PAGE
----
3. Pink, purple-ish, red
If you noticed some pinkish hue to your poop, it might be coloration from beets, cranberries, red candy, cherry-colored frosting, or other red foods. So, if you ate a bunch of beets or other red-tinged goodness the day before (or a few days before) but have no other symptoms, that's more than likely the culprit. However, there are instances where bright red or purple poo can signify some blood in the stool says Brooke Scheller, MD, a doctor of clinical nutrition says.
In this case, it's best to seek medical care as soon as possible to rule out any more serious underlying conditions. Some common (and typically treatable) causes of blood in the stool include hemorrhoids, anal fissures, gastritis, or constipation. Although, it's best to consult with a medical professional to determine the best treatment plan.
Lighter tan or yellow stools aren't typically the standard, but they aren't necessarily an immediate cause for concern either. Many factors can trigger lighter-colored poop, including over-the-counter medications like ibuprofen or bismuth subsalicylate (Pepto-Bismol), which can also cause dark-colored stool.
If your stool is generally always on the lighter brown side, it may be your body's typical hue. And if it's yellow every once in a while, you probably don't need to worry. However, if you have yellow stool accompanied by unusual odor and textures, it may mean there's something else at play. This can indicate an issue with your liver, gallbladder, or pancreas or an inability to process fats or gluten, Dr. Scheller says.
Another stool color to take special note is black. Black (like, midnight black) is usually a sign of digested blood, says Dr. Pimentel. He adds that this usually indicates internal bleeding higher up in the digestive tract like the esophagus or stomach. Before you panic, though, Dr. Pimentel says that taking iron pills and bismuth subsalicylate can make the stool black or near black. In which case, there's no reason to worry if your stool is black due to these medications. However, if you have not taken those medicines, it's best to call your doctor.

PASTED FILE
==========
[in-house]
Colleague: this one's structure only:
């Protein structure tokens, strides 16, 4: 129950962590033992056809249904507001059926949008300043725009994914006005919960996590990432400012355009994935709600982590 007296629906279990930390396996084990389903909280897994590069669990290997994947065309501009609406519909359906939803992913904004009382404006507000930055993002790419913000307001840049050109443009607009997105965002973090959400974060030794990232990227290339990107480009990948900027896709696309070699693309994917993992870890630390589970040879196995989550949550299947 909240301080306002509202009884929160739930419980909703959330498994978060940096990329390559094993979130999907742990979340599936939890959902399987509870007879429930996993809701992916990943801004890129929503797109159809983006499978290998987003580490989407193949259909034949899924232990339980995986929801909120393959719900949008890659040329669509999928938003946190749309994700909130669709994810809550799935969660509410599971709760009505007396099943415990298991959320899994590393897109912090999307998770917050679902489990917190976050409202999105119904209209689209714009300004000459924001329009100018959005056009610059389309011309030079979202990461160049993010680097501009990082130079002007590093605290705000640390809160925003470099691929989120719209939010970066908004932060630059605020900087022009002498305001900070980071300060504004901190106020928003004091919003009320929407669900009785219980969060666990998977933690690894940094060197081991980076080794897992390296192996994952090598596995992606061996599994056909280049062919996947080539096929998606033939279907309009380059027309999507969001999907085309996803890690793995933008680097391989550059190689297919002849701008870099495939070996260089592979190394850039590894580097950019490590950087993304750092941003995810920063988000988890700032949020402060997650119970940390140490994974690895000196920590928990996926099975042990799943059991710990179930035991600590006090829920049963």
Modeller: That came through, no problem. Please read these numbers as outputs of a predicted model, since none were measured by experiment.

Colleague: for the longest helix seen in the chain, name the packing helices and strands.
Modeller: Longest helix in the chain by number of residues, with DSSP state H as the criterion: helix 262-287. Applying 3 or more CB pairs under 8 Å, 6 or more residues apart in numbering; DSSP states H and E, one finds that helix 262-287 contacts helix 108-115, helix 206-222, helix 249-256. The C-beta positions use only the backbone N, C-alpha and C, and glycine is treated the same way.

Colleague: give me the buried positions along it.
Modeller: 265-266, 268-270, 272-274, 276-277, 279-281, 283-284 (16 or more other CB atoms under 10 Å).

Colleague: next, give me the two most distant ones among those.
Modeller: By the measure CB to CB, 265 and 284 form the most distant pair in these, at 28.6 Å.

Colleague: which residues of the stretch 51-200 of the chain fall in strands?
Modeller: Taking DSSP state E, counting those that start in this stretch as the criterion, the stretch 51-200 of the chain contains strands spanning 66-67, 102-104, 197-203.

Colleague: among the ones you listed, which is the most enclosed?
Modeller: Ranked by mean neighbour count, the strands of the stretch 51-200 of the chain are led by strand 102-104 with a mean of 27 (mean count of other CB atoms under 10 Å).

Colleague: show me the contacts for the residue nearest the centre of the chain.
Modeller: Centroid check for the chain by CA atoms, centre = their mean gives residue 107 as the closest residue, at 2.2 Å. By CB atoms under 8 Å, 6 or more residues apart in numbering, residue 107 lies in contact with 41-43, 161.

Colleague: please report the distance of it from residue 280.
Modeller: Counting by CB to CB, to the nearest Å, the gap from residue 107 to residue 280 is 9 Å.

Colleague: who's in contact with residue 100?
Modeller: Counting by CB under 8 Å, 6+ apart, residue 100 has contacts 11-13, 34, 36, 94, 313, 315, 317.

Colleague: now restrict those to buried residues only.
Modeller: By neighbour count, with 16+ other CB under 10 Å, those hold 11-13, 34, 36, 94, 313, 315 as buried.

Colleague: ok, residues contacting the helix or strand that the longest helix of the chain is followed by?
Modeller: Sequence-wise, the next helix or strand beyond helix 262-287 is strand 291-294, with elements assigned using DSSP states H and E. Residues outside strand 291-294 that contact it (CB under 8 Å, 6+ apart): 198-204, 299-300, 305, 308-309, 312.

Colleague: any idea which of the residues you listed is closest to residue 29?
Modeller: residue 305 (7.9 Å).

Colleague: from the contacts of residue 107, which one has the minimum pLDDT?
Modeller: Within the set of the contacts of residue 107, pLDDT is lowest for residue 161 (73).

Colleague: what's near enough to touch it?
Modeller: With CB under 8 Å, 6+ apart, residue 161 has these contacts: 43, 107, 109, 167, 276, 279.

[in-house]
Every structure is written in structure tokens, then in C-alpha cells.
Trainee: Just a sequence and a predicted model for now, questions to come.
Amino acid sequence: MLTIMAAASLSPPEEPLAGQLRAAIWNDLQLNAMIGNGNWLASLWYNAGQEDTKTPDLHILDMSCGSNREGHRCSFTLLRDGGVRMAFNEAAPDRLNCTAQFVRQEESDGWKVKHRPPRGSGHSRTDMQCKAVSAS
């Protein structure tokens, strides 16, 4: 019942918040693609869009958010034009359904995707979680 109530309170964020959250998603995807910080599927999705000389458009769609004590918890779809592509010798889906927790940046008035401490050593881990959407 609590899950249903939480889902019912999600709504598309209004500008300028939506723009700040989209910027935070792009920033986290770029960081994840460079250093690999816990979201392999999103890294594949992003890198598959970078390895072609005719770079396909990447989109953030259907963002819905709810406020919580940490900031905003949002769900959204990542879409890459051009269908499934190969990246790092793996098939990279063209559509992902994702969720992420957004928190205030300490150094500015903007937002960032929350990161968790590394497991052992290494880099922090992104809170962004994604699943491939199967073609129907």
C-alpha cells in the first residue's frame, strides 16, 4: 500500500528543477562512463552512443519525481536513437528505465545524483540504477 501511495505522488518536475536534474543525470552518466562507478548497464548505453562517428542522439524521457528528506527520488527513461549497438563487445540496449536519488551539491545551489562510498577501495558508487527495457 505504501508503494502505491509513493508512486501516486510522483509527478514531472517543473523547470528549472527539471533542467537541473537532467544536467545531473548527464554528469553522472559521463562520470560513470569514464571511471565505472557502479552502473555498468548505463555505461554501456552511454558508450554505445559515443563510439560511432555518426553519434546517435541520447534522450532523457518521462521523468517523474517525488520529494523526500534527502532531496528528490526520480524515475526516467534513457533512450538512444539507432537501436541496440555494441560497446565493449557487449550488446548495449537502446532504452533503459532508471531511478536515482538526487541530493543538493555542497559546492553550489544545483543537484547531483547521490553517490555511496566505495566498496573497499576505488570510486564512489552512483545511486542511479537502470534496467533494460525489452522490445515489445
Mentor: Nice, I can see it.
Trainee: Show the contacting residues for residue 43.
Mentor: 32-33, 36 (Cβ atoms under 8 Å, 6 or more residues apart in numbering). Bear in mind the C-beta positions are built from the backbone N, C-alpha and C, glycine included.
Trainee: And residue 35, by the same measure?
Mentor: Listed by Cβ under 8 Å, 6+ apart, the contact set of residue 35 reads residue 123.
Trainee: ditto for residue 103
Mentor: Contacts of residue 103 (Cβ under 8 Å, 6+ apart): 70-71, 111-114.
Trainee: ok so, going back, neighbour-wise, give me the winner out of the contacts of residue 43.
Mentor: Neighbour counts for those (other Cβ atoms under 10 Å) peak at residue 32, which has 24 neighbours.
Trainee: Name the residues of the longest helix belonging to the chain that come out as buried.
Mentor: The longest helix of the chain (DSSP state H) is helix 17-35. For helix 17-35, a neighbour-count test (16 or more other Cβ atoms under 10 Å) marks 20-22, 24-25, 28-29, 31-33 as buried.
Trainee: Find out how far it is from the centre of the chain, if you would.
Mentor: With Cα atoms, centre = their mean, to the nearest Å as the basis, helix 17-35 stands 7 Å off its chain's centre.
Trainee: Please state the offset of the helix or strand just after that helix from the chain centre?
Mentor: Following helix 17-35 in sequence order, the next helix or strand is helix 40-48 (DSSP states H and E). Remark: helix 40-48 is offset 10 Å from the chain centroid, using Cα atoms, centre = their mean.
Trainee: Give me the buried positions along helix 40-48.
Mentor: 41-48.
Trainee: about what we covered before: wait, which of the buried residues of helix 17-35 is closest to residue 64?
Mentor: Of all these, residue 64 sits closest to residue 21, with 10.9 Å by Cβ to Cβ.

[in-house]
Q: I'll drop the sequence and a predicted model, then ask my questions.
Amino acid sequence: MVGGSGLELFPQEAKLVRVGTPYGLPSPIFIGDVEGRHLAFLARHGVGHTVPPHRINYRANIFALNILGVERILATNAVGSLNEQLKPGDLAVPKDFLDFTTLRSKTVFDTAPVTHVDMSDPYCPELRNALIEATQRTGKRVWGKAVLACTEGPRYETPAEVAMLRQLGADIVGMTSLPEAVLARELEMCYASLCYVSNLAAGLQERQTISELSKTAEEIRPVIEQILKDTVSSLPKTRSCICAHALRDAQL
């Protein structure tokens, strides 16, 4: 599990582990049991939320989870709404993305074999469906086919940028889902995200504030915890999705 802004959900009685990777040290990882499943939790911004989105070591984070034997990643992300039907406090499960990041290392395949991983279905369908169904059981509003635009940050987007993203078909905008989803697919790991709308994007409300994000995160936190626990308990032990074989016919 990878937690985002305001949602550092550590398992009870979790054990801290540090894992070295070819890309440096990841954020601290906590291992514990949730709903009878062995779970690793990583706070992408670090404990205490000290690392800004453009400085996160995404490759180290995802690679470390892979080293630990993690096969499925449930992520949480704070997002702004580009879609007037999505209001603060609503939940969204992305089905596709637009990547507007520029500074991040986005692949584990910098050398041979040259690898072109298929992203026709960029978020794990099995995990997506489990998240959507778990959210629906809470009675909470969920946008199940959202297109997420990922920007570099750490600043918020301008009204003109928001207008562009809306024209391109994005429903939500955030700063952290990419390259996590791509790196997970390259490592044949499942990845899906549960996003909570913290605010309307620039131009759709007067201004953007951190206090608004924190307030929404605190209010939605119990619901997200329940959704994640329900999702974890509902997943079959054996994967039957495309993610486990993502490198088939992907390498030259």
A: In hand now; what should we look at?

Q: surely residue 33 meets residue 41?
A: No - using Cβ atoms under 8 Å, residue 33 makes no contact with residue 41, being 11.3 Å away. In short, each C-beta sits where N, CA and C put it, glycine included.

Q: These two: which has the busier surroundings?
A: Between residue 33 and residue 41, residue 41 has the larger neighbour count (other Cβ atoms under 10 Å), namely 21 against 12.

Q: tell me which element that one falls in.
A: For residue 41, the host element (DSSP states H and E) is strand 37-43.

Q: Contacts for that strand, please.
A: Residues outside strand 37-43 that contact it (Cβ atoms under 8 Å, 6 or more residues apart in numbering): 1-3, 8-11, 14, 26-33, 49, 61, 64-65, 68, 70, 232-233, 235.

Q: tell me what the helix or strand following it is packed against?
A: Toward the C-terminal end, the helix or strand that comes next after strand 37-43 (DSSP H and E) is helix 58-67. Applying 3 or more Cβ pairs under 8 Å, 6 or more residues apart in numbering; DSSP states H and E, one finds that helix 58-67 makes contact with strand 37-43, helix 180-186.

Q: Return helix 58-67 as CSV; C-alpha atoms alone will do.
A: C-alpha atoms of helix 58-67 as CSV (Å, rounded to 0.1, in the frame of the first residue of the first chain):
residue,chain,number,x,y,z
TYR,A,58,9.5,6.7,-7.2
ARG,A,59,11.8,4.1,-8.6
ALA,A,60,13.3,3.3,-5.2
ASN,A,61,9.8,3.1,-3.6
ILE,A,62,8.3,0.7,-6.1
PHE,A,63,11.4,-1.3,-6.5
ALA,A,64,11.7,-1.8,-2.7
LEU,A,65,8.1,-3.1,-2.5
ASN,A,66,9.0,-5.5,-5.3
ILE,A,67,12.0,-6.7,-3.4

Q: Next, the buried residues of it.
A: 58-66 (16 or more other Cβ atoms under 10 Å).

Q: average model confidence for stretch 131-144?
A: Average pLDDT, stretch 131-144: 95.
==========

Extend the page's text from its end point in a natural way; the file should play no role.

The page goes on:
When should I go to the doctor for poop problems?
Ultimately, you know your body better than anyone else, and it's great that you're paying attention to the information your body is giving you. So while a few stool hue changes aren't typically cause for major concern, it's always best to chat with your doctor, especially if you're experiencing unusual symptoms like constipation, diarrhea, abdominal pain, fever, vomiting, or anything out of the ordinary.
It's also worth noting that color is just one of the many indicators of healthy poop. That's to say, you may also want to take note of how your poop smells and looks, especially if it's noticeably different than usual. For example, if your poop smells like sulfur, it may be related to malabsorption of nutrients and difficulty with digesting certain foods. Meanwhile, thin poop might mean your pelvic floor is too tense and you may need the help of a pelvic floor therapist to get things back on track (literally). Plus, if you're getting poop sweats, it can be indicative of other more serious bowel issues like irritable bowel syndrome, vasovagal syncope, or bowel incontinence. So, before you flush, take some notes.